Soemtron history

Sömmerda coat of arms

The German "Rheinmetall" heavy engineering works was established by Heinrich Ehrhardt in Düsseldorf in 1889 as the "Rheinische Metallwaren und Maschinenfabrik Aktiengesellschaft" (Rhein Metalwares and Engine Works Corporation) and registered on May 7th 1889.  In the same year production started in rented accommodation in Dusseldorf's Talstrasse, and almost within a year they are employing 1,400 people producing 800,000 bullets a day.  In 1901 a munitions factory was then acquired in Sömmerda, a small town near Erfurt in Thuringia, Germany, on the Unstrut river.  Following the First World War that Sömmerda factory started producing office machines, typewriters, mechanical calculators, adding and listing machines, and they continued to further develop their range of machines up to the Second World War in 1939–45.

Following the Second World War, the Sömmerda factory then found itself in the newly formed East Germany, with development and production now continuing as a state-run enterprise, but using the pre–war Rheinmetall name and logo.  In 1957, a group of young electronics engineers under the collective direction of Heinz Skolaude brought V.E.B.[1] Büromaschinenwerk[2] Sömmerda into the age of electronics.  In 1960 the name was changed to "Supermetall" and then later to "Soemtron" in 1962, when they exhibited at the Leipzig Fair of that year an electronic Fakturierautomaten[3] - the model EFA 380.  1963 saw the next model the EFA381 with magnetic core memory.

The East German flag, no longer used

When the new brand name "Soemtron", composed from the words "SOEM"merda and Elek"TRON"ik, appeared, the long running legal dispute with the Düsseldorf Rheinmetall Group to the trademark "Rheinmetall" was resolved, along with use of the company logo and patent rights.  Previously to this, machines were sold under the trade name Supermetall.  In 1966 V.E.B. Büromaschinenwerk Sömmerda then released the first of three electronic calculators.  These models, with germanium transistors and Ferritkernspeichern[4], were produced in several versions - the ETR220, the ETR222 (which entered production in 1970), and the ETR224 (entered production in 1968).  From 1968 onwards other electronic invoicing and accounting systems were introduced including the EAA 382 and EAA 385 systems, and in 1971 they began production of printers.  All production of mechanical calculators ceased at the factory in 1967 with the firm moving over to full production of electronic calculators, mainframe and personal computers like the 8–bit computer model 1715 and latterly the Soemtron 286 and 486 PC's right up until they finally ceased all production in December 1991 having failed for many years to keep up with the western world's dramatic advancements in electronics and computing.

With production of around one million computers, calculators and office machines, V.E.B. Büromaschinenwerk Sömmerda was probably the largest manufacturer of mechanical and electronic computing technology in the eastern Bloc.  Much of the information summarized here originates from a book by Annegret Schule, "BWS Sömmerda" (Desotron Erfurt 1995 ISBN 39–8039–311–9), which describes the history of the enterprise in some detail.  Further information and numerous photos of the different Rheinmetall-Soemtron models can be found in a book by Alfred Waize, "Die Welt der Rechenmaschinen" - "The world of the Calculating Machines" (Desotron Erfurt 1999 ISBN 39-3287-509-5).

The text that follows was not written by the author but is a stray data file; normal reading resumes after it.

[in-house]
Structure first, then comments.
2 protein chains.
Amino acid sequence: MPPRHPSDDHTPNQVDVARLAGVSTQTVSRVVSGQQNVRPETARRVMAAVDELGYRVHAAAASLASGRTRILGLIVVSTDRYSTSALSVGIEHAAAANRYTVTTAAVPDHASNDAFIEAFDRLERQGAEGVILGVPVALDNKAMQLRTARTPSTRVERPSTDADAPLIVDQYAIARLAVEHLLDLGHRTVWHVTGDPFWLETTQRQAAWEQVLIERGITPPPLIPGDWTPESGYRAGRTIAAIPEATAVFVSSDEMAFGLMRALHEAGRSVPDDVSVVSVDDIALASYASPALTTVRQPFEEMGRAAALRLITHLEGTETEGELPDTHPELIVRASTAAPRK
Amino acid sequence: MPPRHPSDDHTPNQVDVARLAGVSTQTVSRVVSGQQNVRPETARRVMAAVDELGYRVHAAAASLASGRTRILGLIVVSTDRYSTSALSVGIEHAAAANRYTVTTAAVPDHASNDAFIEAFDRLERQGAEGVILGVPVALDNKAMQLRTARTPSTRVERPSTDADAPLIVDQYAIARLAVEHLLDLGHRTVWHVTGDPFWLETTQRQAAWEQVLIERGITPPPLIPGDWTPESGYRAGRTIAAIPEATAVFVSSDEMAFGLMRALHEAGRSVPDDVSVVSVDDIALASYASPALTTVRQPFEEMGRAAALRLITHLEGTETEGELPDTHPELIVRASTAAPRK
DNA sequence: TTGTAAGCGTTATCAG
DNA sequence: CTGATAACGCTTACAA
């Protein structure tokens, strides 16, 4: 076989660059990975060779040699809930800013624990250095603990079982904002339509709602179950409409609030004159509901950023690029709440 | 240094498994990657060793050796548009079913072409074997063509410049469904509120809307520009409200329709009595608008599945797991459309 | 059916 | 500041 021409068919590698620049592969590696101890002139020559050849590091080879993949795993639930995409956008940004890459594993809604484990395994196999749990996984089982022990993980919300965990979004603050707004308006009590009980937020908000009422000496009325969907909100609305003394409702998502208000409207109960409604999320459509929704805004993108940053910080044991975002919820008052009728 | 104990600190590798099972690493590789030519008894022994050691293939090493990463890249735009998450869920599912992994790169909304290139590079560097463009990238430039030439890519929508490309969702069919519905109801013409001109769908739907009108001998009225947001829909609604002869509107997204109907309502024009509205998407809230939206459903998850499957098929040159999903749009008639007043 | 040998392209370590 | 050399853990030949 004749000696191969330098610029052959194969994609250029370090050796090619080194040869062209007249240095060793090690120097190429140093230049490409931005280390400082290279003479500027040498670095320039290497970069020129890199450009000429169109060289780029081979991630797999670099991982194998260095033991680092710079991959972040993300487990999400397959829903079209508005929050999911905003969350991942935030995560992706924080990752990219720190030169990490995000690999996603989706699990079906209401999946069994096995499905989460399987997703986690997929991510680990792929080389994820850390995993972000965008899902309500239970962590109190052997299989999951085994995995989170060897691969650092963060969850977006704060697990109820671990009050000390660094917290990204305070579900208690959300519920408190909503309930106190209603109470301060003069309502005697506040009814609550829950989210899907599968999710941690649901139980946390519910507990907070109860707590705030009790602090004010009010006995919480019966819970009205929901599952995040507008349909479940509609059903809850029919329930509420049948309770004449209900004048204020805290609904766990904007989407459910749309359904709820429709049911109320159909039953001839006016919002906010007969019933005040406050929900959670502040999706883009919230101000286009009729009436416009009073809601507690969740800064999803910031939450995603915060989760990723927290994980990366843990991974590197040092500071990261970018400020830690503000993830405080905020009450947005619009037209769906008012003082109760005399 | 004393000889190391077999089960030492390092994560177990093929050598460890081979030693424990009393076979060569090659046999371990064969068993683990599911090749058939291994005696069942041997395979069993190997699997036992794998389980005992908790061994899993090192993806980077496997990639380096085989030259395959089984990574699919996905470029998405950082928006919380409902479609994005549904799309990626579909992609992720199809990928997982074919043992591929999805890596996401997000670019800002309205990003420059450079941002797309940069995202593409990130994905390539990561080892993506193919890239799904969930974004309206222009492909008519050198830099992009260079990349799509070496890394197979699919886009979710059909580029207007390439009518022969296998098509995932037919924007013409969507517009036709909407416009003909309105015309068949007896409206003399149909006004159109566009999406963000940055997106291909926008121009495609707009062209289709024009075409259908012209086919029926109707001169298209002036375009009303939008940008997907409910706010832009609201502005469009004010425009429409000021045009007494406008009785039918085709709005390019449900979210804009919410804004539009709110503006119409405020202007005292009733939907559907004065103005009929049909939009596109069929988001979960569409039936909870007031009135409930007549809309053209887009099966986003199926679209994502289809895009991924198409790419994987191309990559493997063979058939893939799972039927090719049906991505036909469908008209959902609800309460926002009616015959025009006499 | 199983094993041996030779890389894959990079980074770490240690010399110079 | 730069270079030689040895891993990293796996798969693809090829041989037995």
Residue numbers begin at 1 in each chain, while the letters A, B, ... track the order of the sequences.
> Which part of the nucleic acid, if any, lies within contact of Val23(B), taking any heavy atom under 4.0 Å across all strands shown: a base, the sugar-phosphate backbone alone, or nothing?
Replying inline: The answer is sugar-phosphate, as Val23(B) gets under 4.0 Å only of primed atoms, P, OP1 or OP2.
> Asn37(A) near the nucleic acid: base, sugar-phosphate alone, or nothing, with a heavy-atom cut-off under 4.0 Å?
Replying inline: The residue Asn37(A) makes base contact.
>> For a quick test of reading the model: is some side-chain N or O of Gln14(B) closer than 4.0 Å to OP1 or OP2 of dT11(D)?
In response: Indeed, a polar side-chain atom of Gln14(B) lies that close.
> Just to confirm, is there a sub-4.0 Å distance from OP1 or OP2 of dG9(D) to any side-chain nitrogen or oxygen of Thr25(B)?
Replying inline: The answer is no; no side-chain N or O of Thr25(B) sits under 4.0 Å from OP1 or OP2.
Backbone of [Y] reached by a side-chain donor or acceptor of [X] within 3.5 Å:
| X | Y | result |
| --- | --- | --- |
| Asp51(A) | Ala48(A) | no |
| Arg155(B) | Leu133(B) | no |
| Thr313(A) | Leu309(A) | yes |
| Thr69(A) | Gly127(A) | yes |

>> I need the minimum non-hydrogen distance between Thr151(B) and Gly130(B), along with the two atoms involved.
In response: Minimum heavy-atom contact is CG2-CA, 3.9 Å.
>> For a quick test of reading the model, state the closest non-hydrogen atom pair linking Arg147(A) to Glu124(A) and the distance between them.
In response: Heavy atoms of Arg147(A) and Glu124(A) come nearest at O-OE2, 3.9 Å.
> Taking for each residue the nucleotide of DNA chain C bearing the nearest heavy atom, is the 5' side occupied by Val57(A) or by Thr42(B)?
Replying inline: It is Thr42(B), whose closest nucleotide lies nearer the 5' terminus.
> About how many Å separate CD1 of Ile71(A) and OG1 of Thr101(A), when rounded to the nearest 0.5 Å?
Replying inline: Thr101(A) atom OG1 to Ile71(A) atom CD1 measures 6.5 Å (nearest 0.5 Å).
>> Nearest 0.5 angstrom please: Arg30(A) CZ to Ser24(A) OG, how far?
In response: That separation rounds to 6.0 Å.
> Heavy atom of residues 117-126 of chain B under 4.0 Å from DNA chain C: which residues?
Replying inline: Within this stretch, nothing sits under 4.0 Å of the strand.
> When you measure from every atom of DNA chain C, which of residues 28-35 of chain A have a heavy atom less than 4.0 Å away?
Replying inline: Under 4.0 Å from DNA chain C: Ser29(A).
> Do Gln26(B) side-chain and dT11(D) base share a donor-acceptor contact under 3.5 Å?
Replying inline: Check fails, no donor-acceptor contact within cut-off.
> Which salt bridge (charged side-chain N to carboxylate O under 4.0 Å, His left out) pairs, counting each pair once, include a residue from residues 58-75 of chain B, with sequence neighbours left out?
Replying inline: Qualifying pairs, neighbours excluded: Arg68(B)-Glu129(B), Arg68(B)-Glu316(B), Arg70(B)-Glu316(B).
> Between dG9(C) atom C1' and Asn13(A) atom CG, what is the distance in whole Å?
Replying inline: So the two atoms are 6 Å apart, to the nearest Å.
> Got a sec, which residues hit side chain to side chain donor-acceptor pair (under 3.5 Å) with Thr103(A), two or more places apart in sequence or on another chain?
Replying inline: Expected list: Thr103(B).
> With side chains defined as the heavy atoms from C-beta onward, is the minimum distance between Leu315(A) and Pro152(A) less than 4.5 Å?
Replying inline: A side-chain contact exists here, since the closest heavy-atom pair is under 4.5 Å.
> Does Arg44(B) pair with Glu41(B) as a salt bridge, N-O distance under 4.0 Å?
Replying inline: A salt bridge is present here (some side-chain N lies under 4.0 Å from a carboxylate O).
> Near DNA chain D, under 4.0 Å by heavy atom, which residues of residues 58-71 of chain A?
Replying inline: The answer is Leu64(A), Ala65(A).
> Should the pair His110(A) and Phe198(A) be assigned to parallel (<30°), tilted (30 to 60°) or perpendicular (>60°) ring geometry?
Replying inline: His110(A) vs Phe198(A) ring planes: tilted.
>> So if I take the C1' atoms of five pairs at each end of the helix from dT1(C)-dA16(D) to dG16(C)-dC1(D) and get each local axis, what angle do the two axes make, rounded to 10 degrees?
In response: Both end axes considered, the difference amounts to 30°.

Manufactured from 1966 to 1977 by V.E.B. Büromaschinenwerk Sömmerda, the Soemtron ETR series of calculators are by modern standards very basic six and seven function calculators with a 15 digit Nixie tube display or mechanical print mechanism.  Three different units (possibly four) were produced in the eleven year production run of these increasingly rare early electronic calculators from the Eastern Bloc.

  • The ETR220 -
    Six functions and three temporary registers, it is the most common machine in the range even today, with over 155,000 produced by V.E.B. Büromaschinenwerk Sömmerda in the 11 years of production between 1966 and 1977.  Technical information for the ETR220 is rare but manuals, circuits and information in several languages do turn up from time to time, as do a number of ETR220s in various conditions, rather like our fist unit that was missing a power supply and its case, right through to fully functioning units.  Recent ETR220 units on a well known auction site (2015) have been appearing for very high, almost ludicrous amounts (£1500 - €1800), but the average for a good one is around £85 - €100.
  • The ETR222 -
    Seven functions and again three temporary registers, just over 3,203 type ETR222 calculators were manufactured between 1970 and 1972, this machine is rarely seen on the open market, and to date no documentation for the ETR222 has been found.  Like the ETR224 (below) very few 222's are known to exist, and only one has come up for sale in recent years, and we managed to get it.  Thought to be based on the ETR220 it now appears that the Soemtron ETR222 is based on a heavily modified version of the ETR224 calculator, with the display electronics moved to below the keyboard to free up boards 11 and 12, probably for the slightly different mathematical functions on the 222.
  • The ETR224 -
    A very, very rare machine with only 526 units manufactured in the six year production run from 1968–1974.  In the ETR224 the 15 digit nixie display of the ETR220 and ETR222 is replaced with an 18 column 16 digit mechanical printer mechanism (15 digits + decimal point + 2 signs).  The Soemtron ETR224 electronics appears to be based on a heavily modified version of the ETR220 calculator, with additional control electronics for the printer.  It would seem that no technical information now exists for the ETR224 at all, and only four machines are known to exist in the wild, including the partially working example in the Historisch–technisches Museum im Dreyse–Haus Weißenseer, Sömmerda.